What should I be doing instead of this?
 
WHAT SHOULD I BE DOING INSTEAD OF THIS?
 
Home - Blogs - Staff Blogs - Popular Blogs
by Danny Cross 06.06.2012
 
 
zeng

Morning News and Stuff

A local music teacher says Cincinnati Hills Christian Academy offered him a job and then rescinded the offer after asking him if he is gay. Jonathan Zeng says he went through the school's extensive interview process, was offered a position and then called back in for a discussion about religious questions in his application, during which he was asked directly if he is gay. Zeng says he asked why such information was pertinent, and an administrator said it was school policy not to employ teachers who are gay because they work with children and something about the sanctity of marriage. When contacted by local media CHCA released the following statement:

CHCA keeps confidential all matters discussed within a candidate's interview. We're looking into this matter, although the initial information we have seen contains inaccuracies. We will not be discussing individual hiring decisions or interviews.
Cincinnati's deficit isn't going to get better any time soon, according to a new report.

The Reds drafted high school pitcher Nick Travieso in the first round of the MLB draft on Monday. Here's a rundown of their other picks Monday and Tuesday.

Senate Republicans yesterday blocked a Democratic bill calling for equal pay in the workplace, and the Dems are going to stick it in their faces during this year's campaigns. From the AP:

As expected, the pay equity bill failed along party lines, 52-47, short of the required 60-vote threshold. But for majority Democrats, passage wasn't the only point. The debate itself was aimed at putting Republicans on the defensive on yet another women's issue, this one overtly economic after a government report showing slower-than-expected job growth.

"It is incredibly disappointing that in this make-or-break moment for the middle class, Senate Republicans put partisan politics ahead of American women and their families," Obama said in a statement after the vote.

"Even Mitt Romney has refused to publicly oppose this legislation," added Senate Majority Leader Harry Reid. "He should show some leadership."

The Washington Post wonders whether Mitt Romney can use Wisconsin Gov. Scott Walker's template for surviving a recall election to try to win the presidency. It involves “big money, powerful organization and enormous enthusiasm among his base.” Exit polls in the state suggest Obama is ahead, however.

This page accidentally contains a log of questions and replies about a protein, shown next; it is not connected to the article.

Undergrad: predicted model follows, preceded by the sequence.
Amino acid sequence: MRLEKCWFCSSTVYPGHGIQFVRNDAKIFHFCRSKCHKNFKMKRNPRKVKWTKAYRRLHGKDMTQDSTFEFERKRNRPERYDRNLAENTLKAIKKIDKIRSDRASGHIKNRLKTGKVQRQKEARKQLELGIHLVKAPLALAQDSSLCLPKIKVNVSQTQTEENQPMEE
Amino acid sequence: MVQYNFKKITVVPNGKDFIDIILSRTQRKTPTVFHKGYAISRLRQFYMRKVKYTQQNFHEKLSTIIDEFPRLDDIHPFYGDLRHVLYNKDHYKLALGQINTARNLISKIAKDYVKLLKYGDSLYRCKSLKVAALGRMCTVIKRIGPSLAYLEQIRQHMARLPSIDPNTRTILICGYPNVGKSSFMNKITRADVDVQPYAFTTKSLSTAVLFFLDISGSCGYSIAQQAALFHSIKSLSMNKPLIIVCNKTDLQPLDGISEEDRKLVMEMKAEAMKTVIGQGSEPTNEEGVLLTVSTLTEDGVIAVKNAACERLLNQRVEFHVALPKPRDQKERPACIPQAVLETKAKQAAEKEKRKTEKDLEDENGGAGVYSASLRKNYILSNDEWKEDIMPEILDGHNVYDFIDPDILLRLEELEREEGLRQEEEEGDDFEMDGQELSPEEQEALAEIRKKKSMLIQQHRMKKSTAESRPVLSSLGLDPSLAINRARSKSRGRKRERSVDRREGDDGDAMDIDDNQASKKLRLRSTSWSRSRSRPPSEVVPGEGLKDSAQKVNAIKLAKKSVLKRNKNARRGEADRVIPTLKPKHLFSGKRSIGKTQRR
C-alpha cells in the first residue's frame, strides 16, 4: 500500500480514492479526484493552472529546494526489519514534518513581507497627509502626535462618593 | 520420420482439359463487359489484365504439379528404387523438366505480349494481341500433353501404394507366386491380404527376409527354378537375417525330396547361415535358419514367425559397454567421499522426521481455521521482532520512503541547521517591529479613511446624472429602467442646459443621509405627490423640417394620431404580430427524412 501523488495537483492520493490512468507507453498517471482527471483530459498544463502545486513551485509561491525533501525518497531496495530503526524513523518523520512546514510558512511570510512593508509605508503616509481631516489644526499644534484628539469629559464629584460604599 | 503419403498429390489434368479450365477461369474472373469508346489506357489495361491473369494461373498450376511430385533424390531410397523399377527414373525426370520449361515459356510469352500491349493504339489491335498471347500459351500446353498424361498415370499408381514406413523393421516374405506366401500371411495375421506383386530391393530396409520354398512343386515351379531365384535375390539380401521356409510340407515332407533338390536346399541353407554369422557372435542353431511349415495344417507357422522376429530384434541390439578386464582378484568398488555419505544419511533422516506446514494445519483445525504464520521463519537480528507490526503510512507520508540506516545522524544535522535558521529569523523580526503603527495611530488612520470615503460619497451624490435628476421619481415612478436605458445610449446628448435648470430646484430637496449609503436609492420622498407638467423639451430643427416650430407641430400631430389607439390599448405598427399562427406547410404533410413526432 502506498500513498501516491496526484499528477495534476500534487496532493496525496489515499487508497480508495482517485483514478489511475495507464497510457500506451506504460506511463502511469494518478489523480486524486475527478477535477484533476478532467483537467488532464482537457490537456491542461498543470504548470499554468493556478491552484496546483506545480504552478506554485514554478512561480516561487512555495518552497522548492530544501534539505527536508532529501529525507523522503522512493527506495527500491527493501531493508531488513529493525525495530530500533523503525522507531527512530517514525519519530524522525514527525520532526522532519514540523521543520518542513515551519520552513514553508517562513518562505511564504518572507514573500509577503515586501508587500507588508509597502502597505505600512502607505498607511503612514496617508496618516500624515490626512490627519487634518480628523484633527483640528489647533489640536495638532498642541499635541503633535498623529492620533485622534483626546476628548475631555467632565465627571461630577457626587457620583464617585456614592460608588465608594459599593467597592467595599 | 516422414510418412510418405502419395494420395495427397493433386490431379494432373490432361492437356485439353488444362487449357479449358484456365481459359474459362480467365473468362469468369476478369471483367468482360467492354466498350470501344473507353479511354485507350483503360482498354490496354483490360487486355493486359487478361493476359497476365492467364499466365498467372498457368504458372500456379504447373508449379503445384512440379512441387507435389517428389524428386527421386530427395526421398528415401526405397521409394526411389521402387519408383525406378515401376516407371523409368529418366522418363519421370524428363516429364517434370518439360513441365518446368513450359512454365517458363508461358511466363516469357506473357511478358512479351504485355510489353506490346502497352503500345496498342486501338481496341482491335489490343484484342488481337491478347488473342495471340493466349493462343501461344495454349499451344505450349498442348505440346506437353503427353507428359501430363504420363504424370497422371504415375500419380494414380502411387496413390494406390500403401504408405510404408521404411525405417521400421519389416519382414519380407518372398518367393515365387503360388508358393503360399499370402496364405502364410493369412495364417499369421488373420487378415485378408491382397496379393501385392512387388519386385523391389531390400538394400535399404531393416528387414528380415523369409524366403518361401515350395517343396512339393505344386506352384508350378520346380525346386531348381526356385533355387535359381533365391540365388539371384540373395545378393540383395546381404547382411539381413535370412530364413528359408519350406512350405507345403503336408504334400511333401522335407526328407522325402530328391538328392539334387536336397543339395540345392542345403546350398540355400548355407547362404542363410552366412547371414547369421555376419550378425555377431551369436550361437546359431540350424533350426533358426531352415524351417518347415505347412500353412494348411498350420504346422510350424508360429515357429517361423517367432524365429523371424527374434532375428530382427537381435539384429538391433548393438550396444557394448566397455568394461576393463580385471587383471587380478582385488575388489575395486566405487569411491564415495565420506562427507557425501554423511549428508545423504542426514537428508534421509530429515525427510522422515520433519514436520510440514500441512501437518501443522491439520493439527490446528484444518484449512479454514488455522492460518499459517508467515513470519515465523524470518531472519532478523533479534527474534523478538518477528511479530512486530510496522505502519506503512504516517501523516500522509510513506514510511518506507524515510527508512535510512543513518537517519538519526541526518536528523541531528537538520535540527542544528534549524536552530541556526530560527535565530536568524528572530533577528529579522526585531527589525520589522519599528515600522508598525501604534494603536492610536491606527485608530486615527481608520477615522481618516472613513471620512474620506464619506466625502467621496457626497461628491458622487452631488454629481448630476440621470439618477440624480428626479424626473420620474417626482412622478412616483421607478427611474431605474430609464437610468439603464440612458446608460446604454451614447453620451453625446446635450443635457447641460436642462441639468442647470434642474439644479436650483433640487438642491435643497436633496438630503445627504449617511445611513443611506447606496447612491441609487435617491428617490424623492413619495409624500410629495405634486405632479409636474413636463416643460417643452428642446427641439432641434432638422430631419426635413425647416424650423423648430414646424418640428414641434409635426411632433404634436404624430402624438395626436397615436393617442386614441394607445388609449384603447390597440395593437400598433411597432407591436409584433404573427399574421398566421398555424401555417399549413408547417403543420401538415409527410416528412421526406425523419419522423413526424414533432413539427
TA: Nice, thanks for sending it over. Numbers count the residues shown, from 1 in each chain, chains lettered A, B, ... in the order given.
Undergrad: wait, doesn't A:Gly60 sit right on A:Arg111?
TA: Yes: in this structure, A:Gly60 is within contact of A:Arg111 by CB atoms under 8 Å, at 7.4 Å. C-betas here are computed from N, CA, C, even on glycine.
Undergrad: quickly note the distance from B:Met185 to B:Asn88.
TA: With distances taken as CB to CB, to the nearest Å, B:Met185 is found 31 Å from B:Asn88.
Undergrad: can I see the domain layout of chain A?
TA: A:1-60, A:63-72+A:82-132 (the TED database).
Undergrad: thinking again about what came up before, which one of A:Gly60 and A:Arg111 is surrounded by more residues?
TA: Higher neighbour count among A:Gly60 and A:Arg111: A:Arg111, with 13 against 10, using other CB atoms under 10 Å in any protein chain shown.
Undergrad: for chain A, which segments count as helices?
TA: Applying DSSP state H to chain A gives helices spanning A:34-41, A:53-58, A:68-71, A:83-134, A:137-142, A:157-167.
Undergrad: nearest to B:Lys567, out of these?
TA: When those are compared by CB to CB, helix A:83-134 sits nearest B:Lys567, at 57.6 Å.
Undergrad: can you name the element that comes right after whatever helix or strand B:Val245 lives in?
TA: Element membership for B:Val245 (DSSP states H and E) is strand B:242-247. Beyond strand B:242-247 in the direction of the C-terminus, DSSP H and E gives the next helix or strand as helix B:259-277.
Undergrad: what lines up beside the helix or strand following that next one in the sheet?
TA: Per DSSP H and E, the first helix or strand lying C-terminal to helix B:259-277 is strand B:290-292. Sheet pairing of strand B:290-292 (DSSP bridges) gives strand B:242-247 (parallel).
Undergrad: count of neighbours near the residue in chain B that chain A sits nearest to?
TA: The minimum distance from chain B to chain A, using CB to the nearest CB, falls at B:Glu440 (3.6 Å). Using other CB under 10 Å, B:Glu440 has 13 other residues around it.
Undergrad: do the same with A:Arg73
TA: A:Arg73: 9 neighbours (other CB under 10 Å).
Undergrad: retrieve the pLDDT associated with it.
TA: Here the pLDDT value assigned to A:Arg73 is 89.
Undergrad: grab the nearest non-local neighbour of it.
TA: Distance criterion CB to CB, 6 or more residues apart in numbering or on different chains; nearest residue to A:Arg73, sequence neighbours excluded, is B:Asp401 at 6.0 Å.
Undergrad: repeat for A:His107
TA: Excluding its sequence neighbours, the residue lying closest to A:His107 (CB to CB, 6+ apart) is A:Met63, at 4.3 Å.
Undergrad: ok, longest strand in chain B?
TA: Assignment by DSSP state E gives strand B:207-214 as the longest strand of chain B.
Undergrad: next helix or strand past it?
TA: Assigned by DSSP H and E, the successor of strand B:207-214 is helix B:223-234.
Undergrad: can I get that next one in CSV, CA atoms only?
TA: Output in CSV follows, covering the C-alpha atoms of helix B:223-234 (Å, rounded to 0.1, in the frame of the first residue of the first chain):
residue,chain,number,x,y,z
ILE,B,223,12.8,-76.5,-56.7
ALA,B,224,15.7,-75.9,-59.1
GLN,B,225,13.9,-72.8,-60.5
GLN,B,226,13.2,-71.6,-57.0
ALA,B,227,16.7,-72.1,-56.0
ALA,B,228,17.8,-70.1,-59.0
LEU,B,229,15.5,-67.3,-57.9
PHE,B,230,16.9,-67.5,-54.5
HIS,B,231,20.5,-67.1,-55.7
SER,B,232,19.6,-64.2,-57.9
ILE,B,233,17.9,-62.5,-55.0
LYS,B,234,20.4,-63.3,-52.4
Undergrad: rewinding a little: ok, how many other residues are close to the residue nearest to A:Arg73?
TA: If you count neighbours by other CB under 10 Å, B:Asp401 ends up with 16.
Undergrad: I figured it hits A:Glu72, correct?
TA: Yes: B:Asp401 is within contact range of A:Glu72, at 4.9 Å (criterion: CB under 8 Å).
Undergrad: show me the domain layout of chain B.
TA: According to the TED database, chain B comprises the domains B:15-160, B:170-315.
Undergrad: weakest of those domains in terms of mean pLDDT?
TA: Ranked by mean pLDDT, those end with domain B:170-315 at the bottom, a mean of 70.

China wants foreign embassies to stop releasing reports and Tweeting about its poor air quality.

Gonorrhea growing resistant to antibiotics? Rut roh.

Dinosaurs apparently weighed less than scientists previously thought. Adjust paper-mache Brontosaurus as necessary.

Facebook is considering letting kids younger than 13 use the site.

The Boston Celtics took a 3-2 series lead over the Miami Heat on Tuesday and could send Bron Bron and Co. back home on Thursday.

 
 
by Danny Cross 05.01.2012
 
 
news_western_ann_louise_by_anna_bentley.widea

Mock Rally For Western & Southern Scheduled For Wednesday

Group will show support for ‘bullying’ of Anna Louise Inn

UPDATE: The Greater Cincinnati Coalition for the Homeless has canceled its Wednesday mock rally for Western & Southern Financial Group. The Coalition Tuesday evening released the following statement: "Due to a change in plans the mock 'Rally to Support Western and Southern' has been canceled. Stay tuned for upcoming gatherings and events to support the Women of the Anna Louise Inn as we fight for the right of self determination."

The following is CityBeat's Tuesday afternoon blog post in response to the event announcement:

The Greater Cincinnati Coalition for the Homeless is helping to organize a mock rally to support what it believes is the bullying of the Anna Louise Inn women’s shelter by Western & Southern Financial Group. The mock group will be called “Citizens for Corporate Bullies” and will hold signs that say “Greed is Good,” “We Support Corporate Bullies,” “Poor Women Not Welcome” and “W&S Take Whatever You Want.” The event begins a noon May 2 at 4th and Sycamore streets.

The Coalition has created a fake persona who supports W&S’s desire to build condos to attract a more desirable class of residents and rhetorically asks, “Besides, what gives the Anna Louis Inn the right to stay in that building just because they own it and it’s been there for a hundred years?”

The protest is in response to ongoing legal issues surrounding the Inn’s proposed expansion and W&S’s development efforts in the neighborhood. CityBeat last October reported on the situation in a story titled, “Putting on the Pressure: Western & Southern won’t take ‘no’ for an answer.” The following is an excerpt summarizing the situation then: